Sports: ACL Tears Are One Of Football’s Most Common Injuries

by Kourt Williams

One of football’s most notorious injuries is a torn ACL, which stands for the anterior cruciate ligament. This injury will have any athletic player no matter the size, on the sidelines for an entire season, if not longer.

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Scott Varley / Daily Breeze

Just ten days ago, The University of Alabama head coach, Nick Saban confirmed, Dylan Moses, the team’s starting middle linebacker suffered a torn ACL two days prior to their first game of the season opener against Duke University. Also on two Saturdays ago, starting USC quarterback J.T Daniels suffered a torn ACL and is reportedly out for the remainder of the football season.

Nick Saban holds Alabama to a high standard, and even with the loss of Moses, he still believes his team has what it takes to play at a continued high level.

“It is also a character check for everybody on our team, to be able to keep the faith, to respond to adversity the way they need to, to accept the challenge, and rise above the challenge,” Saban said, according to NBC sports.

Historically, Saban has been able to keep his team encouraged despite hardship and with Moses out for the season, Alabama is planning on starting a true freshman, Shane Lee to fill Moses’s shoes.

USC head coach, Clay Helton felt nothing but disappointment to see his starting quarterback suffered an injury so great.

“It was a gut-wrenching feeling when Daniels went down. It’s just heartbreaking to see a kid who has poured so much into this team,” Helton said, according to the Associated Press.

A torn ACL has put many athletes in very difficult situations. Some are able to bounce back and be just as good, if not better than they were before the injury, and most never seem to get back to their true selves. This is because the injury is so severe that unless an athlete is able to get back to full recovery and able to get all strength back in that leg, there will always be a sense of hinder and caution when they play.

St. John Bosco High School football running back, Nathaniel Jones has also suffered a torn ACL in game one last season. Up to this point he has made a full recovery, however, there are question marks still in the air. One being he will he be able to be the same pound for pound running back he was prior to his injury.  I have observed some of his recovery workouts, and we are hopeful as a team that he will continue to contribute to our offense and return as our starting running back.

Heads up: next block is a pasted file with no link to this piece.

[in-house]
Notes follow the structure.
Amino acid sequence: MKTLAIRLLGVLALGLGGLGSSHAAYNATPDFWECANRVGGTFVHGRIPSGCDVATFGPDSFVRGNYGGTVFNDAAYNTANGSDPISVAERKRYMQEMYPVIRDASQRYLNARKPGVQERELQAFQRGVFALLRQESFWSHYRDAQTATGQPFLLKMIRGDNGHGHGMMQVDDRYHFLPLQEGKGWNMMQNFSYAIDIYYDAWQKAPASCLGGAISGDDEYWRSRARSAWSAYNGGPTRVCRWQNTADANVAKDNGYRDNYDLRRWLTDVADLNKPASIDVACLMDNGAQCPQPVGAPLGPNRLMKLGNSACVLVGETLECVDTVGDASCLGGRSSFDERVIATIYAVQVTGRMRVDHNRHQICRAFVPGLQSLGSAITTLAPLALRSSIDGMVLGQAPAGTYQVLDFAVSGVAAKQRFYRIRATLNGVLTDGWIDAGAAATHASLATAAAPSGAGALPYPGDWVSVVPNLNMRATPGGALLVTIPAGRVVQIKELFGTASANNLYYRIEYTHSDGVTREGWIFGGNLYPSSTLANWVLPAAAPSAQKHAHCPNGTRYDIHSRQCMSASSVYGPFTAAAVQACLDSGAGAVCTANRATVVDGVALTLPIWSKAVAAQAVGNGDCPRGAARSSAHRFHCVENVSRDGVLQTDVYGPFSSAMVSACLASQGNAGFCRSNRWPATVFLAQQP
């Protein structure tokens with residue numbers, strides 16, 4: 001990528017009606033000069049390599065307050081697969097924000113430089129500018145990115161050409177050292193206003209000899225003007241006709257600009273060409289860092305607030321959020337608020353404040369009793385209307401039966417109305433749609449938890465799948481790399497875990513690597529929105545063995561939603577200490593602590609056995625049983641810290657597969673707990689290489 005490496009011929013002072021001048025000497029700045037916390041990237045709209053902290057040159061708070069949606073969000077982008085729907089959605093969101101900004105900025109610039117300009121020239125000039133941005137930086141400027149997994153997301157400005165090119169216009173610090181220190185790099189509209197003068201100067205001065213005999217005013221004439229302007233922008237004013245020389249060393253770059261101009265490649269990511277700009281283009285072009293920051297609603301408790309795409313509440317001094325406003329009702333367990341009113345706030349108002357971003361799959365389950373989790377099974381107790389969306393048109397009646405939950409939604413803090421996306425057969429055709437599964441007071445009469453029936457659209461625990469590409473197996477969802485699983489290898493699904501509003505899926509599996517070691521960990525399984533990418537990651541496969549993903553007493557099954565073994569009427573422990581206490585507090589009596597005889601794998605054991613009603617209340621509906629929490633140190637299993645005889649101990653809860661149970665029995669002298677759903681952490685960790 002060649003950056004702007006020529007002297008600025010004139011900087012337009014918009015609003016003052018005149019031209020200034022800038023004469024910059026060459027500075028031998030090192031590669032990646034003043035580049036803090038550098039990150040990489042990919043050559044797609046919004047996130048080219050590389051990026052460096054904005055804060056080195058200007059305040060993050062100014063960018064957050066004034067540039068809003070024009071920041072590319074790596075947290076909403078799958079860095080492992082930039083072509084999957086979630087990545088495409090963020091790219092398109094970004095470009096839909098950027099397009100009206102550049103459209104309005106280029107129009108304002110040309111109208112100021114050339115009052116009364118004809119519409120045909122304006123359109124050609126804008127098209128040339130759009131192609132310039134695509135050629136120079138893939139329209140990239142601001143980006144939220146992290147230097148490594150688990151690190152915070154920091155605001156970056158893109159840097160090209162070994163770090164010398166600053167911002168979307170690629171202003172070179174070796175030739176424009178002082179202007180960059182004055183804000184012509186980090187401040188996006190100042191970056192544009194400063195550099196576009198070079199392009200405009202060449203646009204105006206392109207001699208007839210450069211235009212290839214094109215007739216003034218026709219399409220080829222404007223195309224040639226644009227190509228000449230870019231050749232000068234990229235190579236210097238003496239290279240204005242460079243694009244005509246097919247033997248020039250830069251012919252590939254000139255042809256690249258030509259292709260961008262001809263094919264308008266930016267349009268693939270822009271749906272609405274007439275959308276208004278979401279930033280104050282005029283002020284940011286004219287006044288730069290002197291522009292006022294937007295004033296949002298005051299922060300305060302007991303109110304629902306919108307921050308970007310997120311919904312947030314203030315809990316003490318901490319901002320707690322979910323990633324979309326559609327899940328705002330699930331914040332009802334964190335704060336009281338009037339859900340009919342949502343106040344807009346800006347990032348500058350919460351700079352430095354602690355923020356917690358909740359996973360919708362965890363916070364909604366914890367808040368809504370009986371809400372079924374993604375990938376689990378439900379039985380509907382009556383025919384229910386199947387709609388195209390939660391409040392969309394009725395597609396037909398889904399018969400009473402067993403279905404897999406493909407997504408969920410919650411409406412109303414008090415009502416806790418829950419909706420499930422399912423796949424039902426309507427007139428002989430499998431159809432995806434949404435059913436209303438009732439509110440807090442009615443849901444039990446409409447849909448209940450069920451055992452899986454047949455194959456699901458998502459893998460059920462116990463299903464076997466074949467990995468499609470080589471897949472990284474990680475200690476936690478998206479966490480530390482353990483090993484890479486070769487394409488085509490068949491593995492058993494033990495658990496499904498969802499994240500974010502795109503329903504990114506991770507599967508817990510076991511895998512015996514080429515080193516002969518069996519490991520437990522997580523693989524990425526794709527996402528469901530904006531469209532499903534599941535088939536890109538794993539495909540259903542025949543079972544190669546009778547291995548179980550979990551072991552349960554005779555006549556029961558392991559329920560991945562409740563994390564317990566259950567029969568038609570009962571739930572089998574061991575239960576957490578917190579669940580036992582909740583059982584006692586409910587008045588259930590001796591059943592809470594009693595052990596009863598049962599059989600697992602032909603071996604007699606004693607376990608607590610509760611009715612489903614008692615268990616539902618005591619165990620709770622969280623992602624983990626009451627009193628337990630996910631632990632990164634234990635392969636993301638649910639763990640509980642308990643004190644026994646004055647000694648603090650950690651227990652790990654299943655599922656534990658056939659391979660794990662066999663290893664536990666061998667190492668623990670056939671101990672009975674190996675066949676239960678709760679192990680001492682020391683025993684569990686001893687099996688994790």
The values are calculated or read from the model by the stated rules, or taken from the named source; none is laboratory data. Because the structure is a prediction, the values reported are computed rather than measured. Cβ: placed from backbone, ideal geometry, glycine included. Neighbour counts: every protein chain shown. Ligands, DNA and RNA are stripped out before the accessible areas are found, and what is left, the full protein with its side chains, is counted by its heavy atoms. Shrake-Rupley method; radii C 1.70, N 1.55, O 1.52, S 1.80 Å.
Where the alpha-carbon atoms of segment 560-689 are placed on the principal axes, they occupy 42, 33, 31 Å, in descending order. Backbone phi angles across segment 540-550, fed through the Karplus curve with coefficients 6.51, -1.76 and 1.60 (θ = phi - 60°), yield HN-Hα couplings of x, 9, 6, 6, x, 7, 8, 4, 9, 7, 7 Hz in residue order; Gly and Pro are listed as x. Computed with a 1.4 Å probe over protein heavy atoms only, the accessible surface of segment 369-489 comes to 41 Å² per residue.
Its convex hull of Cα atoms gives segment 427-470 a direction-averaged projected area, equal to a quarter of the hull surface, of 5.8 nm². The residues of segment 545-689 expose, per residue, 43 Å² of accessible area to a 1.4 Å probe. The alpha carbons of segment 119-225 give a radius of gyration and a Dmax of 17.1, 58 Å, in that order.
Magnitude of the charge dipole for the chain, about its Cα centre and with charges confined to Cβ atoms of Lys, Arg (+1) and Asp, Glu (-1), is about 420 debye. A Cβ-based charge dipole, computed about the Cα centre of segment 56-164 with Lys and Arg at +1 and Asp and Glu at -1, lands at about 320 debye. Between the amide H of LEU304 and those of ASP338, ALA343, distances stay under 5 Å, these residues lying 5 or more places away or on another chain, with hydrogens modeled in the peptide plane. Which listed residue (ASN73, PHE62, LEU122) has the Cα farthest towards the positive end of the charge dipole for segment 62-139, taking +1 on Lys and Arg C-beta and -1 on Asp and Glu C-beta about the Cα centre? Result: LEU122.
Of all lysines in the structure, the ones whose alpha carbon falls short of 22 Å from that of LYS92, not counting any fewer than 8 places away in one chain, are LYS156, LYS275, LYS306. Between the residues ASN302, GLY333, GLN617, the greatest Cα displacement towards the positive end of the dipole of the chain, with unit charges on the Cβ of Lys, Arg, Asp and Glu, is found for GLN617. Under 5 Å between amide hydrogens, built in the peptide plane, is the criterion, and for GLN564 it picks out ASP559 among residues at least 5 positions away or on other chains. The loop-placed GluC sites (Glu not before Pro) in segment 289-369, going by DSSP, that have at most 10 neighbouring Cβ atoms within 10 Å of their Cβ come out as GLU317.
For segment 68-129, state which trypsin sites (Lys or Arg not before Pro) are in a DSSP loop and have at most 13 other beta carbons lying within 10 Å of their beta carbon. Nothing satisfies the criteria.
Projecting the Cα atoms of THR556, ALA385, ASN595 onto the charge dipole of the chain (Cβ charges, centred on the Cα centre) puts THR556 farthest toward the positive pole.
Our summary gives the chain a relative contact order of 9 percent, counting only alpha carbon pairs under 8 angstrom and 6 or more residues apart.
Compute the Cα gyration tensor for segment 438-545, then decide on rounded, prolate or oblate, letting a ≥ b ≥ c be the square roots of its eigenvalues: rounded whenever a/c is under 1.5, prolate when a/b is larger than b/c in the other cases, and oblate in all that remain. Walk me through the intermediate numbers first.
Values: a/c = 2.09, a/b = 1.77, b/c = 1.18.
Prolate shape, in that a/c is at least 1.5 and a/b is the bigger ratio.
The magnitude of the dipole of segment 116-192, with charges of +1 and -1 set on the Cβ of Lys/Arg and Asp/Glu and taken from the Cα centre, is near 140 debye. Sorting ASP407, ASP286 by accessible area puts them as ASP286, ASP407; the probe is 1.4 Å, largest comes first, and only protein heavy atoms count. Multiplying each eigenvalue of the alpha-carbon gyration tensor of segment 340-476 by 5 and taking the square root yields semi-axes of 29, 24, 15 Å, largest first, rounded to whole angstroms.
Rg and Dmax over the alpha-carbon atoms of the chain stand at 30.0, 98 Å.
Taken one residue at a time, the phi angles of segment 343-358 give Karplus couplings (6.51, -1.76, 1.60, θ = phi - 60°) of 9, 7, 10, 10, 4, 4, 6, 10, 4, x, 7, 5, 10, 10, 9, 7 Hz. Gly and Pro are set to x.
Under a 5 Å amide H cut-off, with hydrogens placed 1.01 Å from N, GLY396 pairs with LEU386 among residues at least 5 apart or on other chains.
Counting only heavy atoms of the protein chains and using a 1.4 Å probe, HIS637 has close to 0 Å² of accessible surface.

“I’m stronger than I was before, when you tear your ACL, you learn new things. The doctors actually said I worked so hard during rehab that the leg I tore my ACL is stronger than my other leg. So I’m confident and ready to go,” Jones said.

Many doctors and physical therapists say the cause of an injury is an imbalance in strength in the hip, quads, and hamstrings. Which are the primary muscles supporting the knee. Since the knee is a joint that is only connected by muscles and tendons, this risk of injury is very high when those muscles are not as strong as they need to be.

St. John Bosco’s head athletic trainer Melody Mohebbi, who was Nathaniel Jones’s primary physical therapist, says that a torn ACL is one of the most common sports injuries, and is also one of the most severe.

“The reason why torn ACL’s happen to so many athletes so frequently is that players tend to overtrain and not get enough rest and recovery. The overall cause of the injury is all the muscles in the leg that supports the knee aren’t as strong as they need to be to support the athlete’s cuts and how they maneuver,” Mohebbi said.

Theresa Chaia, from the Hospital for Special Surgery, says having overall and fairly equal strength in the hip and legs prevent ACL injuries.

“Having adequate strength in your hips and thighs is key to providing support for your knees and preventing ACL injuries,” Chaia said.

A torn ACL is an athlete’s worst nightmare. If you are an athlete playing any sport, it is vital that you have the understanding that this is an injury you want to avoid at all costs. However, with a little extra work on improving those surrounding and supporting muscles for the knee, like the hip, quad and hamstring and exercising regularly like squats and lunges, cutting the chances of the injury happening to you is fairly slim.

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